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May 03, 2017
Assessment Centre – to go, or not to go?
By: Halimah Awan

Being a bit of an introvert, the words “assessment centre” filled me with dread and reminded me of the kind of reaction people had towards ‘He Who Must Not Be Named’ in Harry Potter. These two words sent shivers down my spine and I’d often found myself asking if I really did want to continue with the application process. However, coming from a family of successful individuals, I knew I had to push myself out of my comfort zone – and boy am I glad I did!

After carrying out the initial assessment centre activities i.e. check-in, getting a visitor’s tag, and awkwardly trying to make small talk with the other equally nervous candidates, we were led up to a small meeting room. Taking a quick look around, I instantly realised how ethnically diverse this company was. I’d been to other assessment centres, but none had looked so much like the United Nations. Every single person in the room was of a different ethnicity, and I don’t mean just the candidates.

We started with an ice-breaker, which was a 60 second talk about any topic. I remember mine was breakfast, which wasn’t great for someone who’d skipped it that day (due to nerves of course, I’m not a daily skipper). I think I rambled on about not eating that morning and how I hadn’t eaten breakfast for several days because it was Ramadan. One by one we spoke for a minute, which seemed to make us more comfortable with each other. The small talk we had started in reception quickly developed into more meaningful conversations and discussions. However, this didn’t last long as the group of ten was soon split into two groups of five.

The group task was actually the part I had been stressing about – what was the brief going to be like? What if I didn’t understand what was required? What if I didn’t have any ideas? What if I was put off by the assessors? And numerous other questions that run through your mind when you’re in a tricky situation. Yet it turned out that my stress had been for nothing. The brief we were given was comprehensible, by asking questions to others in the group I quickly understood what was required. The ice-breaker had worked well. Each one of us had spoken, embarrassed and laughed at each other within 10 minutes of meeting, so asking a question or two about the brief wasn’t hard. Putting forward my ideas is usually not my strongest point, but as we bounced off each other, I found it a lot easier and very quickly became comfortable in my surroundings. If someone had a relevant point, we picked this up and added to it. If there was a quieter member, we worked together to make them more involved and sooner than expected the most stressful part was over. Oh, the assessors? They sat on the other end of the table and I completely forgot that they were even there.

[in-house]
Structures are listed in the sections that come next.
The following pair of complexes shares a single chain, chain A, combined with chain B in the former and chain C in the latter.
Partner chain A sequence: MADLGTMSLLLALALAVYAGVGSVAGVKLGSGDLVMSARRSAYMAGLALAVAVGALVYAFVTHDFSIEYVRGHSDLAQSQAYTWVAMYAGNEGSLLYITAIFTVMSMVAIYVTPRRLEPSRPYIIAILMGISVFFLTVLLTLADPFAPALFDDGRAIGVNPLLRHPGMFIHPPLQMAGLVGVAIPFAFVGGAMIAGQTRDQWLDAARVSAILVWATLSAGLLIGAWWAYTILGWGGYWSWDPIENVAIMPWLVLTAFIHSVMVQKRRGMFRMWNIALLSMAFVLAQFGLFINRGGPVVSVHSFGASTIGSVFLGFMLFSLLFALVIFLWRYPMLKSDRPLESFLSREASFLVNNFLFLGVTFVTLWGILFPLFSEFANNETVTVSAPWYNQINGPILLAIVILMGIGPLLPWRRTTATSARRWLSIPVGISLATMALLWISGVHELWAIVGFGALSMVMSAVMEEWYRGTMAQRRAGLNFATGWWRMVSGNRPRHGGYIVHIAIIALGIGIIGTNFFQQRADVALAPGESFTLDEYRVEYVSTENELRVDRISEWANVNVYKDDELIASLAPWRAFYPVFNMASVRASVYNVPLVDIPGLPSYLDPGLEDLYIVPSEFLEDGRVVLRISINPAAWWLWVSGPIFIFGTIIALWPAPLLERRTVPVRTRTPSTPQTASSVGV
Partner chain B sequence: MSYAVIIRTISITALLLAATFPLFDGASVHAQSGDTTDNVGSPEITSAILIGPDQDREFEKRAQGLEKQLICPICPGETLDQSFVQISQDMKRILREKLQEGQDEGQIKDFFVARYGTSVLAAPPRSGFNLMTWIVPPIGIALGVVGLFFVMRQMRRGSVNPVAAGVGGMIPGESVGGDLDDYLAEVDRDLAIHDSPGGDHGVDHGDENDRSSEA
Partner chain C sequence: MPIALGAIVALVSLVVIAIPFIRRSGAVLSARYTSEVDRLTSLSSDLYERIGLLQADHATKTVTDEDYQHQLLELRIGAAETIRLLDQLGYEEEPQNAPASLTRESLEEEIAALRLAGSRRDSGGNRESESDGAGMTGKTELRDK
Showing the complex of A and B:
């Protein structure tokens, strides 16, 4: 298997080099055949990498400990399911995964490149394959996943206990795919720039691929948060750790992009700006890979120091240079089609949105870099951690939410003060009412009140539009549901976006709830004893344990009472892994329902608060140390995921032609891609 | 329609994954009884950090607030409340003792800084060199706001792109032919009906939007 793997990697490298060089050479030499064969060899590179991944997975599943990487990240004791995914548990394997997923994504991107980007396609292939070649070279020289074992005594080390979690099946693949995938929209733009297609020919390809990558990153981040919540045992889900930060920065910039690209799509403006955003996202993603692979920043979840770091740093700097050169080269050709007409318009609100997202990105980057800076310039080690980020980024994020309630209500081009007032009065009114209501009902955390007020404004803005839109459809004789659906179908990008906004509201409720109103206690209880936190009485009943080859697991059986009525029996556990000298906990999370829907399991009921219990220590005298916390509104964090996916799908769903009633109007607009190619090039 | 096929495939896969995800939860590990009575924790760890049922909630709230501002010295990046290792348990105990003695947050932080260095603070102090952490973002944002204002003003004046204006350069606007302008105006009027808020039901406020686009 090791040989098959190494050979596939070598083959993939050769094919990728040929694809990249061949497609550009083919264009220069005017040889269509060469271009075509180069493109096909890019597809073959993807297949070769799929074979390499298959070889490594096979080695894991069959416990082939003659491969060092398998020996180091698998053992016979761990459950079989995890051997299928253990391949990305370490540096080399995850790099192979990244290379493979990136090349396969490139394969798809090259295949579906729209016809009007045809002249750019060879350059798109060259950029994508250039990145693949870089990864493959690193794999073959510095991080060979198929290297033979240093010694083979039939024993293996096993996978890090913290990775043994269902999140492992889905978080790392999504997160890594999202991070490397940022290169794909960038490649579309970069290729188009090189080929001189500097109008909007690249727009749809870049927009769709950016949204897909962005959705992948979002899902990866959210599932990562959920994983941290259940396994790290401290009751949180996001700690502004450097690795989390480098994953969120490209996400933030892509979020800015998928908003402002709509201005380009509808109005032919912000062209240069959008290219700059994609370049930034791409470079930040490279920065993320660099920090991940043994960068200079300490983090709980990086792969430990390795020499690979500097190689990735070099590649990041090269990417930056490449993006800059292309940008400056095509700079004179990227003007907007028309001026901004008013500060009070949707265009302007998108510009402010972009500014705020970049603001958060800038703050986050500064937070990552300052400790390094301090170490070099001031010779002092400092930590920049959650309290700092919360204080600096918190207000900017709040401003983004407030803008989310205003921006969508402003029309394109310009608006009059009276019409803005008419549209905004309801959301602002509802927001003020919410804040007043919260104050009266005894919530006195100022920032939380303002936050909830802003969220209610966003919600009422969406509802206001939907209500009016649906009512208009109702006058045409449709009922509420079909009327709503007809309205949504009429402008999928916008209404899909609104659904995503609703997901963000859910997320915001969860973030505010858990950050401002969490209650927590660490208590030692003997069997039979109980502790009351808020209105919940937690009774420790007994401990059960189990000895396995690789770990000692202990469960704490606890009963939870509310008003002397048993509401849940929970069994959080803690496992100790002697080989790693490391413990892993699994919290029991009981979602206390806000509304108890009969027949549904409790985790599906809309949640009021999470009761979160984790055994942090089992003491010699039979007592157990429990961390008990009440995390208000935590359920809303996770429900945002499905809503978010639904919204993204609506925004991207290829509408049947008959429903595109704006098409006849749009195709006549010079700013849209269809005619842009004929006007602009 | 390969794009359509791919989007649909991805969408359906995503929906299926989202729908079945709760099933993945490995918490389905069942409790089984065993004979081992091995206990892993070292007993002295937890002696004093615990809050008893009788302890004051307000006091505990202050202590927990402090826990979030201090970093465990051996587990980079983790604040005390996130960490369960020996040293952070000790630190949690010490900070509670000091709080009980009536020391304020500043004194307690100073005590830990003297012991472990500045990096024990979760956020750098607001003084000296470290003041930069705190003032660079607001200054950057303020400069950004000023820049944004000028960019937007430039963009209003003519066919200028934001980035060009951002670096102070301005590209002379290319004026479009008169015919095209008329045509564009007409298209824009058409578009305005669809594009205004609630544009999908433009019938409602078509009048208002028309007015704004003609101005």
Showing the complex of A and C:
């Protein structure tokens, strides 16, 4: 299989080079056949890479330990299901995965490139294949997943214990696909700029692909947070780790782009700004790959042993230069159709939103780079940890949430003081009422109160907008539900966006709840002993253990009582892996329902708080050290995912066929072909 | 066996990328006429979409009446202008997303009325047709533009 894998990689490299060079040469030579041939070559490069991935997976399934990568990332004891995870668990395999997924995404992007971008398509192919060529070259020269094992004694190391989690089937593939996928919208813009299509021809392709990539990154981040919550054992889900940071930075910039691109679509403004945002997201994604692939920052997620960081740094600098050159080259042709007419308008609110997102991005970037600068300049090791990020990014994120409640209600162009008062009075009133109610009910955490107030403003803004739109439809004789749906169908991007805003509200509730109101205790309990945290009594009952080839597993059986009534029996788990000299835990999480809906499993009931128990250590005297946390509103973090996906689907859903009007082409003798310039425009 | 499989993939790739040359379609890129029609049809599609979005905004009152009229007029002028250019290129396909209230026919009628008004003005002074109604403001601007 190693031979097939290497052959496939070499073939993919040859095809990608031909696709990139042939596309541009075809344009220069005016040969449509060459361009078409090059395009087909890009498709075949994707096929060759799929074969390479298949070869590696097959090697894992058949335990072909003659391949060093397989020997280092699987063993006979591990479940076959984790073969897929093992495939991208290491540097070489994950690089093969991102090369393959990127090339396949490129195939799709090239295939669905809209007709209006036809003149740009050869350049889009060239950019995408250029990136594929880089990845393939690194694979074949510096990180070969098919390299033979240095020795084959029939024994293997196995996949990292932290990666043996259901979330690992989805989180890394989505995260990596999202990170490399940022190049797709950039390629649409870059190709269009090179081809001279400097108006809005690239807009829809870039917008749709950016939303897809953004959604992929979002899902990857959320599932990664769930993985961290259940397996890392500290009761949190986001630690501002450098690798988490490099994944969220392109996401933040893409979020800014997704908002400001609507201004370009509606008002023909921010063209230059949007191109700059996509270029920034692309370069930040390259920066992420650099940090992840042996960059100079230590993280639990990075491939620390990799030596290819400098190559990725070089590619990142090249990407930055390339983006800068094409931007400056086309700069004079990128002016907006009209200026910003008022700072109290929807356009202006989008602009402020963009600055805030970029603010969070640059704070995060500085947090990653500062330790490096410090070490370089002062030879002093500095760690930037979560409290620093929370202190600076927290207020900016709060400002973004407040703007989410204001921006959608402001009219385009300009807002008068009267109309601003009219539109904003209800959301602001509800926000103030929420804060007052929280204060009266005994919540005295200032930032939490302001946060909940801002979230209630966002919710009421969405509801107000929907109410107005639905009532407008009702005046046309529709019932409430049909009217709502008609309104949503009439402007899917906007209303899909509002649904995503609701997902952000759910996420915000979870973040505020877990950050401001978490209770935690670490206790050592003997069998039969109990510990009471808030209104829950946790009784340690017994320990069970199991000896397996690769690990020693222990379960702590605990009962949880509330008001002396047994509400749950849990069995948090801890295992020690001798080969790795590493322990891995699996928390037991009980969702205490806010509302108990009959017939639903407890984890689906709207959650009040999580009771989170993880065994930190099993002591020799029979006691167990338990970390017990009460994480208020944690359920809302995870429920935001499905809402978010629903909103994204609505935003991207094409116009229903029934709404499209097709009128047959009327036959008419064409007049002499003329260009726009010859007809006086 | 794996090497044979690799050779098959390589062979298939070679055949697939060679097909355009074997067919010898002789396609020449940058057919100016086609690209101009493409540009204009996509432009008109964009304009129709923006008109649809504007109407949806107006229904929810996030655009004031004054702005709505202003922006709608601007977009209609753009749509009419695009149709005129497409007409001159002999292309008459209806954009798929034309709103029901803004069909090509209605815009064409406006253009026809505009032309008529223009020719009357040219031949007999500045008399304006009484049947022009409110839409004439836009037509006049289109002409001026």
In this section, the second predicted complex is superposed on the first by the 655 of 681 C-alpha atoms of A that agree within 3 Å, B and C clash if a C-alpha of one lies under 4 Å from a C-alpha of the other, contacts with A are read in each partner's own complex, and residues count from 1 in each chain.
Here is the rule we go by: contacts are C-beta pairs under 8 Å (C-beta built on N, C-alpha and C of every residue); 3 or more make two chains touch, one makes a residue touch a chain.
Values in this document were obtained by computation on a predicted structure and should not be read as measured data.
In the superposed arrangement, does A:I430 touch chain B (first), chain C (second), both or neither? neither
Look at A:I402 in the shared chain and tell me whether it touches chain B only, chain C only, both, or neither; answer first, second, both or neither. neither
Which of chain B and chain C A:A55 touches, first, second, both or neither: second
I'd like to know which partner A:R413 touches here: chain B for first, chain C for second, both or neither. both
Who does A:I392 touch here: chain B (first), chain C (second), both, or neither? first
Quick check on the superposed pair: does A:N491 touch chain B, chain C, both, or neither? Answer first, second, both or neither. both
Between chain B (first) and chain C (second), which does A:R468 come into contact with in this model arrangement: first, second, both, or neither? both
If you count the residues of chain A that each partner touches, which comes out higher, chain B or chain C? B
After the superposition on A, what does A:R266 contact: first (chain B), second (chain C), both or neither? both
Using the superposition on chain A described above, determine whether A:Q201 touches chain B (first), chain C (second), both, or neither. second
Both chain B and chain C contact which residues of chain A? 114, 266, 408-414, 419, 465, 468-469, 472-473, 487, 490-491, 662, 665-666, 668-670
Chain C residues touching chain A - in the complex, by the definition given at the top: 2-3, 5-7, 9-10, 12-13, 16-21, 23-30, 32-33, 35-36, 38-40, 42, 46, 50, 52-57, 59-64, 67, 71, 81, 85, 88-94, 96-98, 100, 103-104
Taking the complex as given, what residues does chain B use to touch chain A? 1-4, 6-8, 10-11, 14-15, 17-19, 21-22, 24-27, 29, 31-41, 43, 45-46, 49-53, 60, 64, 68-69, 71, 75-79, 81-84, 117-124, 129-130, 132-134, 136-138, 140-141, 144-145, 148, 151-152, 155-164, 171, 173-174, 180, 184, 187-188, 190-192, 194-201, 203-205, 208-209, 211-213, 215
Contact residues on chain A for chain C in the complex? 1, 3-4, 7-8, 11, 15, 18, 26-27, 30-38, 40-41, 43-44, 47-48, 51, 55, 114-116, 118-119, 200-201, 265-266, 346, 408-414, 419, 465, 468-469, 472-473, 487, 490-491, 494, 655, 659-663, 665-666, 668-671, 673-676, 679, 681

Post this experience, I learnt three things:

  1. Don’t be Monica Geller and try to control every situation. The assessment centre is to see how you can work in a team, prove that you can listen to others as well as put across your own point. Demonstrate that even though you may be strong headed like Rachel you also know your barriers.
  2. Where you can, be Chandler Bing and add humour, or bring something new to the group. Recruiters look for individuality – if you have it, show it. Don’t be Ross and be negative.
  3. Be like Phoebe Buffay, and always voice your opinions (well, most of the time) – bounce your ideas off people and ask questions. Everyone’s in the same situation and if you work together the likelihood of you passing this stage is higher than if you work against each other. Support each other like Joey supports his friends.

In hindsight, nerves can be a hindrance, but in reality, ‘he who is not courageous enough to take risks will accomplish nothing in life.’

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